- Provide enterprise-grade security and authentication to reduce risk
Business innovation relies on applications and data. The apps and data running the enterprise now live everywhere—in data centers, in colocation centers, at the edge, and in the cloud. Most of the applications running businesses today are primarily non-cloud-native; and data is everywhere, with more and more data being generated at edge. Our customers are having real issues with non-cloud-native systems that will not or cannot move to the public cloud due to data gravity, latency, application dependency, and regulatory compliance reasons. Data has gravity, so our customers want to bring compute to the data not data to the compute. And because data is exploding, it’s driving the need for AI and machine learning at enterprise-scale—with the ability to harness and leverage petabytes of data.
Our customers want flexibility and openness; they want to eliminate lock-in. They want pay-per-use consumption in an as-a-service model. They want open solutions that give them the best of both worlds—with a modern cloud experience in any location, from edge to cloud. We address these needs by providing HPE GreenLake in the environment of your choice, with a consistent operating model, and with visibility and governance across all enterprise applications and data. Our software provides differentiated IP to deliver these cloud services through HPE GreenLake.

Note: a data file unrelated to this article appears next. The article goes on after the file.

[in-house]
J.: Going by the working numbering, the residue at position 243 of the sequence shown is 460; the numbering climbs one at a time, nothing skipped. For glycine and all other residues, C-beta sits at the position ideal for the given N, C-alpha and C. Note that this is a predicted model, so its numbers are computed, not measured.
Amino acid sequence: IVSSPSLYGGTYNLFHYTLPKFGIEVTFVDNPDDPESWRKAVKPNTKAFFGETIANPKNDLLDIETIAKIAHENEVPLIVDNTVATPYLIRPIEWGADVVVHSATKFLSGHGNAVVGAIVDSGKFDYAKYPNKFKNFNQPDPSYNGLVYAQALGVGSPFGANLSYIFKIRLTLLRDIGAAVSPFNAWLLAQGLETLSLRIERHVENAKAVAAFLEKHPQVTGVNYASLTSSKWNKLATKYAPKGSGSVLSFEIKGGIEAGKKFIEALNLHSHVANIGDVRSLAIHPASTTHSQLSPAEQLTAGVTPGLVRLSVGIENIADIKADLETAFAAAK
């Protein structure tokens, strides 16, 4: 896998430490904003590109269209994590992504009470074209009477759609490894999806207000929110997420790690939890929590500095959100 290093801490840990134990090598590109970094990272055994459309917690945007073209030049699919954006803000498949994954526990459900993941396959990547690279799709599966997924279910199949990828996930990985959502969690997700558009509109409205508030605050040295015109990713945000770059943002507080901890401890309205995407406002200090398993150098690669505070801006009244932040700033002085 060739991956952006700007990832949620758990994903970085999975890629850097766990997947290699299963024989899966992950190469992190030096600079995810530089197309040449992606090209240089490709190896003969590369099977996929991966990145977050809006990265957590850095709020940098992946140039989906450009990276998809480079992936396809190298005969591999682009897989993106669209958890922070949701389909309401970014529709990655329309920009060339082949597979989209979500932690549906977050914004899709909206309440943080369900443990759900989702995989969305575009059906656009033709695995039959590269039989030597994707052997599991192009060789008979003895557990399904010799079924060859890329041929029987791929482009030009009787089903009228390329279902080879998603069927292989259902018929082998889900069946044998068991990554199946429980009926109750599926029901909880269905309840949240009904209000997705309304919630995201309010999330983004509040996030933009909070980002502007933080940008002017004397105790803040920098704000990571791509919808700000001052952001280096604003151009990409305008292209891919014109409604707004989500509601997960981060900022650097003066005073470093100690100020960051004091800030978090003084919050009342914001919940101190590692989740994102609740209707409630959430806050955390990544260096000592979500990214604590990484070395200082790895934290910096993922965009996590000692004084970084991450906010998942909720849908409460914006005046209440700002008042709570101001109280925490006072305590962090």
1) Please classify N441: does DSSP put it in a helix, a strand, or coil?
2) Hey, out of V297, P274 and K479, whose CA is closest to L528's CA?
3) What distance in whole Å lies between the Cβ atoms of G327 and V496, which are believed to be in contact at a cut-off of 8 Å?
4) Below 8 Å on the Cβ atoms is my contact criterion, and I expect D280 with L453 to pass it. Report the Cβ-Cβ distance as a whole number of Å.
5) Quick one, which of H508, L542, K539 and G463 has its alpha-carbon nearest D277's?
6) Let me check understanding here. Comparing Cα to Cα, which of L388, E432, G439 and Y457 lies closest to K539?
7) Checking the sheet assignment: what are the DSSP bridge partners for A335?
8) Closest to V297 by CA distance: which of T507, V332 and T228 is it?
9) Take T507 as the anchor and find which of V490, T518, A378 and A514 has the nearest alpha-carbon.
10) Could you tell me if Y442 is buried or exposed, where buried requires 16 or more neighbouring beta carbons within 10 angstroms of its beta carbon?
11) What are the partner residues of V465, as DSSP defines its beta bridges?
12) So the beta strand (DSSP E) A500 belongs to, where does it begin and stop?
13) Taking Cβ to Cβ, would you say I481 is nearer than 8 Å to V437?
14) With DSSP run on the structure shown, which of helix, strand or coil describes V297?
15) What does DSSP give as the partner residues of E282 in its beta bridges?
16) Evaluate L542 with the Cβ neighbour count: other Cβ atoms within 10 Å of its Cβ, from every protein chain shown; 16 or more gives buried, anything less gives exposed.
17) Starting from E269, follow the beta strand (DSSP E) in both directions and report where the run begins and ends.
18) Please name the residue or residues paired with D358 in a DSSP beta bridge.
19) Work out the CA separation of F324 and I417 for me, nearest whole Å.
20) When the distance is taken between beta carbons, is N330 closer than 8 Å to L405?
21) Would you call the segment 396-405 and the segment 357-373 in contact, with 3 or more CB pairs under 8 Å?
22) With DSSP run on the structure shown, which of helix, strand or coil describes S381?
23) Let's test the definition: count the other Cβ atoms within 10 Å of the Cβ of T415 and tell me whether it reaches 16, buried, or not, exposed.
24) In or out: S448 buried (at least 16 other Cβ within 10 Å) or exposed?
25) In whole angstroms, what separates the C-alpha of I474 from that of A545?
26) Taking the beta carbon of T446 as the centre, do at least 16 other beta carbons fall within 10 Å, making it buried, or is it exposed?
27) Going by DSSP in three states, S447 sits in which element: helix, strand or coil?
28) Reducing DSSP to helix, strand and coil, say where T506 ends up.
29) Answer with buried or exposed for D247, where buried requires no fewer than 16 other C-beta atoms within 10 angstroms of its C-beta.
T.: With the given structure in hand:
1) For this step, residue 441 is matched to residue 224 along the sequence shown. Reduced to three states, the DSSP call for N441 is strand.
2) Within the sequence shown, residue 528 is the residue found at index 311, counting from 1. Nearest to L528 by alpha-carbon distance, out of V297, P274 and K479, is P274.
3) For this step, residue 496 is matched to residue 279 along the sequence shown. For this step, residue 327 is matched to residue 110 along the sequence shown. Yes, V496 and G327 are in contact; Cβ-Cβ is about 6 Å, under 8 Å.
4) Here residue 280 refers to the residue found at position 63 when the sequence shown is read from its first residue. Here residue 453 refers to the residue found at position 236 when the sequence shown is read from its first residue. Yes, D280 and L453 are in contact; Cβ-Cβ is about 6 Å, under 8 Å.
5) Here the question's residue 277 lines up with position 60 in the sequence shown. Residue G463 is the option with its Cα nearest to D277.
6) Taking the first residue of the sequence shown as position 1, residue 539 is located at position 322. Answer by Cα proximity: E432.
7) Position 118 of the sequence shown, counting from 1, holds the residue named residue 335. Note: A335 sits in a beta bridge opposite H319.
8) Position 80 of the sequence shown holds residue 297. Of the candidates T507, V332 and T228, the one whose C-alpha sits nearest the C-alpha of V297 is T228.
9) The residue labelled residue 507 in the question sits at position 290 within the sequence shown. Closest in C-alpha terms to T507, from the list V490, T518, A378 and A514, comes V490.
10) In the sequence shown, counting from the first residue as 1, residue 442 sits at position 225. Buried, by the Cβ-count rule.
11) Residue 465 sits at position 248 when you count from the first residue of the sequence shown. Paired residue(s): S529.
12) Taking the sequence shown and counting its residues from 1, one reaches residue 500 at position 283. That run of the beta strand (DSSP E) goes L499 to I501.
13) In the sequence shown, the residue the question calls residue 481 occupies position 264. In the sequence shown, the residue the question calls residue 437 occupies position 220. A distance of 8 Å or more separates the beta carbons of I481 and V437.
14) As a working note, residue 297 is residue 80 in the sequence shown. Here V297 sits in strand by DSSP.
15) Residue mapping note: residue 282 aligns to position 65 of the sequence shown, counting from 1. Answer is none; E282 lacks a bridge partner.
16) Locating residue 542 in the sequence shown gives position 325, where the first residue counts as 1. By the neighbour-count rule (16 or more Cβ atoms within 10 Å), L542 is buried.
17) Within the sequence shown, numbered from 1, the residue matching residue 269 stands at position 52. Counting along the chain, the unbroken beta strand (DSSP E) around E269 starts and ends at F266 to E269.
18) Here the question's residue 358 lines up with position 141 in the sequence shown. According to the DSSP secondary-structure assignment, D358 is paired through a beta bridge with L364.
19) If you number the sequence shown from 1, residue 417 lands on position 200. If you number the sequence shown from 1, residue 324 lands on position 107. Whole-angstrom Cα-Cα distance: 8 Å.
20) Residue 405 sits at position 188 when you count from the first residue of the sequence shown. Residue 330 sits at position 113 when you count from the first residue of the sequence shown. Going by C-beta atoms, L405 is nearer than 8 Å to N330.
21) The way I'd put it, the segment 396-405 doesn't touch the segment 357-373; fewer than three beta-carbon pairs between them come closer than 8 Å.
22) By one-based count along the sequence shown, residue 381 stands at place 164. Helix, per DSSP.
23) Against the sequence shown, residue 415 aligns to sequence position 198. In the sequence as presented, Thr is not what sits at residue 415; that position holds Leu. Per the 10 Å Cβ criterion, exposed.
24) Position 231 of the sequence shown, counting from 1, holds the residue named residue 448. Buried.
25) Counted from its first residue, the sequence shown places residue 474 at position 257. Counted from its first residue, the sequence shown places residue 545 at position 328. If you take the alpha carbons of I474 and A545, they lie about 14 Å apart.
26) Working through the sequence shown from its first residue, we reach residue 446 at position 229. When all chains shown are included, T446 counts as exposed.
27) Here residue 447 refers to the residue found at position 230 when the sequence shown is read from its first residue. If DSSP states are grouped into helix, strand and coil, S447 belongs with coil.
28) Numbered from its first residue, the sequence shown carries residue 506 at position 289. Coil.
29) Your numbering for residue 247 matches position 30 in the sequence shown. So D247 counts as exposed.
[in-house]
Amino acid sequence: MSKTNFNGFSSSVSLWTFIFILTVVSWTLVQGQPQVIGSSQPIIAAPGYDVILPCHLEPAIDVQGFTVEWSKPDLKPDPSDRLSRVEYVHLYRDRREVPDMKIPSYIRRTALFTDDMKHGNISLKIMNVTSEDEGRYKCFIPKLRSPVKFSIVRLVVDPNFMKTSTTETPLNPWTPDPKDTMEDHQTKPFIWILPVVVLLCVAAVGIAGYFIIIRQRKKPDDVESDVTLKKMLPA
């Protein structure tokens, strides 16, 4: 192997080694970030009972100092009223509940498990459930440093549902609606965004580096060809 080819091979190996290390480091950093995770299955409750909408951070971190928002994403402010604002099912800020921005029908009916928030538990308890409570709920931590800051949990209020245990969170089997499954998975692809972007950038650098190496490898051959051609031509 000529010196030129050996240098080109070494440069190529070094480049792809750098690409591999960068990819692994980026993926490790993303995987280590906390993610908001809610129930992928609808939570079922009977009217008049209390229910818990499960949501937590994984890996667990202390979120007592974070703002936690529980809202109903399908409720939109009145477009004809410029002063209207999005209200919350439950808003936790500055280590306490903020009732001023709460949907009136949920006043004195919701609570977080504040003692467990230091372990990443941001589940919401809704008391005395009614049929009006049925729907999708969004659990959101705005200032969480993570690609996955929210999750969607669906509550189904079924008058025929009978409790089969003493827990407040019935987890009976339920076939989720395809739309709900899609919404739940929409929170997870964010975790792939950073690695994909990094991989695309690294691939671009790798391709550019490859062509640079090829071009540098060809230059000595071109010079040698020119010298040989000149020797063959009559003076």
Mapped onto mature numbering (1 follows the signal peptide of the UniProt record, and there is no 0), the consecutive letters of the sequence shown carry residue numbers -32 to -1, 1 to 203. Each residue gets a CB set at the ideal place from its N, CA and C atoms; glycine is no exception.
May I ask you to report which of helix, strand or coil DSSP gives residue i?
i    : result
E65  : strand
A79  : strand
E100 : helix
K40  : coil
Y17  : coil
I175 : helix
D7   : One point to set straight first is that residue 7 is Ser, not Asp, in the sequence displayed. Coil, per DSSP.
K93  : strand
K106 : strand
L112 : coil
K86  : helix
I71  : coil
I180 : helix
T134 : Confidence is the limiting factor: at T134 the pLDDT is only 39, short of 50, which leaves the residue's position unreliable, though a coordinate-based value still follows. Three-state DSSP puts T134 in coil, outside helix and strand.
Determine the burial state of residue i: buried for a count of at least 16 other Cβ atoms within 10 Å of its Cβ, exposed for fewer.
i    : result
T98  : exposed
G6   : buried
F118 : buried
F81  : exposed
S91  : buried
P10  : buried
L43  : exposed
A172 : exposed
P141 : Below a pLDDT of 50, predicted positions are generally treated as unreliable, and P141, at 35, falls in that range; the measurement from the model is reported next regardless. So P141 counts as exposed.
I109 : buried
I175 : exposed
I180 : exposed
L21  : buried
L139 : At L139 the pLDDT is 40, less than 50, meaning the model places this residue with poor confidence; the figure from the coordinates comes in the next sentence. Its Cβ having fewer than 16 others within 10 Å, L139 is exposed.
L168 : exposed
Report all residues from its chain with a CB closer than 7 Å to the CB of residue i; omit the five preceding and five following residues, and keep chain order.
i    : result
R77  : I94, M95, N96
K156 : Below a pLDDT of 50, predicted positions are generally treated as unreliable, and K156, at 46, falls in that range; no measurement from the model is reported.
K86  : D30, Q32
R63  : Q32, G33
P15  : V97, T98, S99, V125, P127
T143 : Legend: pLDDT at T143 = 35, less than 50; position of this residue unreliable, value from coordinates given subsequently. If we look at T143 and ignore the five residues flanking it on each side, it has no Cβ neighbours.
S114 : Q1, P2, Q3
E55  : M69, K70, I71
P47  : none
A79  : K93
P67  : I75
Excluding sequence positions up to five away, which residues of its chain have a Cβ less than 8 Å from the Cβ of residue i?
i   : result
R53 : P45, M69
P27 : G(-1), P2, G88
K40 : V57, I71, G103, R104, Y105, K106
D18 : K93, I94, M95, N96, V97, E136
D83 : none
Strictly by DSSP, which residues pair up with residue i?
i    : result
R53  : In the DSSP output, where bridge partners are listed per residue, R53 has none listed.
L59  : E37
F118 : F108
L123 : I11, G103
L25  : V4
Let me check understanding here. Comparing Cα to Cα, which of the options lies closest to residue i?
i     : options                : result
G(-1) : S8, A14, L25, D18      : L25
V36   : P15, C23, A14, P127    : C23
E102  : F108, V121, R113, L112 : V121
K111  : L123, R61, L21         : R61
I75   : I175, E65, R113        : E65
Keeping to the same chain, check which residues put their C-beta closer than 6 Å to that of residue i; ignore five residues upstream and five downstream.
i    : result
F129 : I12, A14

And in today’s news, we announced new cloud services from HPE GreenLake. This includes new HPE GreenLake cloud services for containers and machine learning operations—powered by our HPE Ezmeral Container Platform software to run containerized applications with open source Kubernetes, and HPE Ezmeral ML Ops software to operationalize the machine learning model lifecycle.
This week I attended the AVEVA World customer conference sitting on my patio with a bank of computers on the table. It’s always nice to catch up with the latest from technology suppliers, even if we couldn’t meet in person and have all those informative hallway conversations.
Next week I’ll be attending three conferences, something that would have been a physical impossibility only a few months ago. Looks like all of my anticipated conference trips have been cancelled until November.
I must begin with a note regarding the AVEVA/Schneider Electric relationship. If you go back a few years, Schneider Electric made a rather large and significant acquisition. It kept the Foxboro and Triconex (and a few other) brands and used the software parts—Wonderware and Avantis and some others—as an investment into an engineering software company called AVEVA. As a result, Schneider Electric owns just over a majority of the shares in the publicly traded software company. And, therefore, Schneider Electric played a significant minor role in this conference.